Location: Where is New York headed now that its main economic engine, financial services, is on the rocks? Do cities normally survive when the main employer, job generator, income generator, goes belly up?
Mr. Kotkin: Well, in the case of financial services, it’s less a job generator than an income generator just because the jobs are such huge providers of income. Basically, New York has been on what you could call the ‘plutonomy wagon.’ Plutonomy is a term used to describe the intersection of plutocracy and economy. So New York has been the ultimate trickle-down economy—it’s been a relatively small group of people driving the economy. The skills of New York are still here; the roots of some of the industries are still here. But, unless many things are grown to replace this plutonomy, the city’s going to continue to go through this spiral where it becomes more and more bifurcated—there are no middle-class jobs, except in the plutonomy.
Manufacturing and industry are largely gone from the city. What pops up in financial services’ place?
I think there’s a high-end business services [industry]; there’s media; I think some artisanal industries still do reasonably well. I think there’s a much greater opportunity, frankly, for manufacturing to come back because of the costs from energy. Like, in Los Angeles, we’re talking a great deal about the return of our garment industry back home.
Because of the shipping costs?
The shipping costs … So there are opportunities in the design sector; there are opportunities in the media sector; there are opportunities in all forms of business services, including those on the Internet. And New York is in a very strong position there. The question is: Are those industries going to be nurtured? In some senses, I could write a scenario in which I say, ‘The best thing that can happen to New York is the housing prices drop 40 percent.’ Now, The New York Times would kill itself; Bloomberg would have to be hospitalized—because they live for high real estate prices. You know, I was walking around the corner [in the Flatiron district], the two-bedroom apartments were still $3,000, $4,000 [monthly]. I mean, who’s got that kind of money?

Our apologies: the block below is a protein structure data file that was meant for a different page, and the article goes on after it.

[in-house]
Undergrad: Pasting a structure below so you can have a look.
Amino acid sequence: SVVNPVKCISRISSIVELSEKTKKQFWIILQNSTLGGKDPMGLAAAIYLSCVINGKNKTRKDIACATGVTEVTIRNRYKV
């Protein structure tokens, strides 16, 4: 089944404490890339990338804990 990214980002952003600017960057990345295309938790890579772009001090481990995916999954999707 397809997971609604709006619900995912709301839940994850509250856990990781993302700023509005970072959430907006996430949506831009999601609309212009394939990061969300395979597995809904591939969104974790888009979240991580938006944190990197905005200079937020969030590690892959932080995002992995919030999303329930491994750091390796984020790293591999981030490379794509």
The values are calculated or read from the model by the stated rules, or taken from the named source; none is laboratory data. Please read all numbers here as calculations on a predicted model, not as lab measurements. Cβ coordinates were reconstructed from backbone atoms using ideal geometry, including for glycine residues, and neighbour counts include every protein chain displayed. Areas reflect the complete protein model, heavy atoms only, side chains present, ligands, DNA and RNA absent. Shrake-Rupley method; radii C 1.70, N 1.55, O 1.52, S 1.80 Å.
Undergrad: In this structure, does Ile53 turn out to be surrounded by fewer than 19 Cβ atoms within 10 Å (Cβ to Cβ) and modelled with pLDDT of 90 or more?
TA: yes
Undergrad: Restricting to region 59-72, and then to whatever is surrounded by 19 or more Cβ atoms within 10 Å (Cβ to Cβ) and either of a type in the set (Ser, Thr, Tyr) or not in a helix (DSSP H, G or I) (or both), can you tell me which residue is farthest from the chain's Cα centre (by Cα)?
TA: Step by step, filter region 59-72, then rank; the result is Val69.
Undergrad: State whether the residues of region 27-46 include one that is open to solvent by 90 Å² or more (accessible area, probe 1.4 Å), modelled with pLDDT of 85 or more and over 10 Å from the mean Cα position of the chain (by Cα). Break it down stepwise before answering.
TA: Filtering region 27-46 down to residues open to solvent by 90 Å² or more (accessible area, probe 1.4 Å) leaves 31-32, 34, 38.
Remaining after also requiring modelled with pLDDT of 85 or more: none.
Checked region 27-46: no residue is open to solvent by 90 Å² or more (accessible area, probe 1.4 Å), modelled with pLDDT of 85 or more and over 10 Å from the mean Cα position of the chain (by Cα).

So, if the prices were allowed to drop, what would happen? More of the young people who are now leaving New York in their 30s might stay; the immigrants who are now leaving New York once they get their feet on the ground, they might stay. You could see a similar scenario as to what happened in L.A. in the ’90s and Houston in the ’80s—which is, the drop in property prices allowed people an opportunity to get into a market that became very affordable. … In L.A. after the ’90s, after the riots and earthquakes and everything, what happened? The middle-class people were finally able to afford nice houses that they could never afford before; and immigrants went and bought everything that wasn’t nailed down.
I read your recent column in NewGeography.com where you refer to ‘cognitive elites in places like Manhattan.’ What’d you mean by that?
That’s sort of the media, the academics, the nonprofits—who are very well taken care of, and they all kind of talk to each other; they have similar class backgrounds; they have similar educational backgrounds. …
In the same column, you talk up San Francisco as a model for a post-boom New York to follow. Seriously?
That’s a model you could follow. Let me put it this way: I’ve been familiar with the Bay Area for quite a long time, had family that lived in the Bay Area since the ’40s; so I’m pretty familiar with it. It would seem to me that one model that New York could follow—or one pattern or one scenario—is say, ‘O.K., we’re going to lose a little of our financial-services base and, you know what, we’re such a nice city, there’s so many nice things to do that there’ll be a population of the rich who will have a home or their home.’ … And, second thing you have, which is a huge change for New York, I thought, is that it’s become a huge college town. You’ve got all these kids, who from, let’s say, the ages of 20 to 30—because we’re looking at an era of prolonged adolescence—so that becomes a second large portion of the population.
So, you’ve got the nomadic rich and these students who are essentially nomadic. And then you have the servant class that takes care of them. And that’s really San Francisco. San Francisco is a city where a relatively small—I mean, down to 5 percent—[portion] of the population could afford a median-price house.
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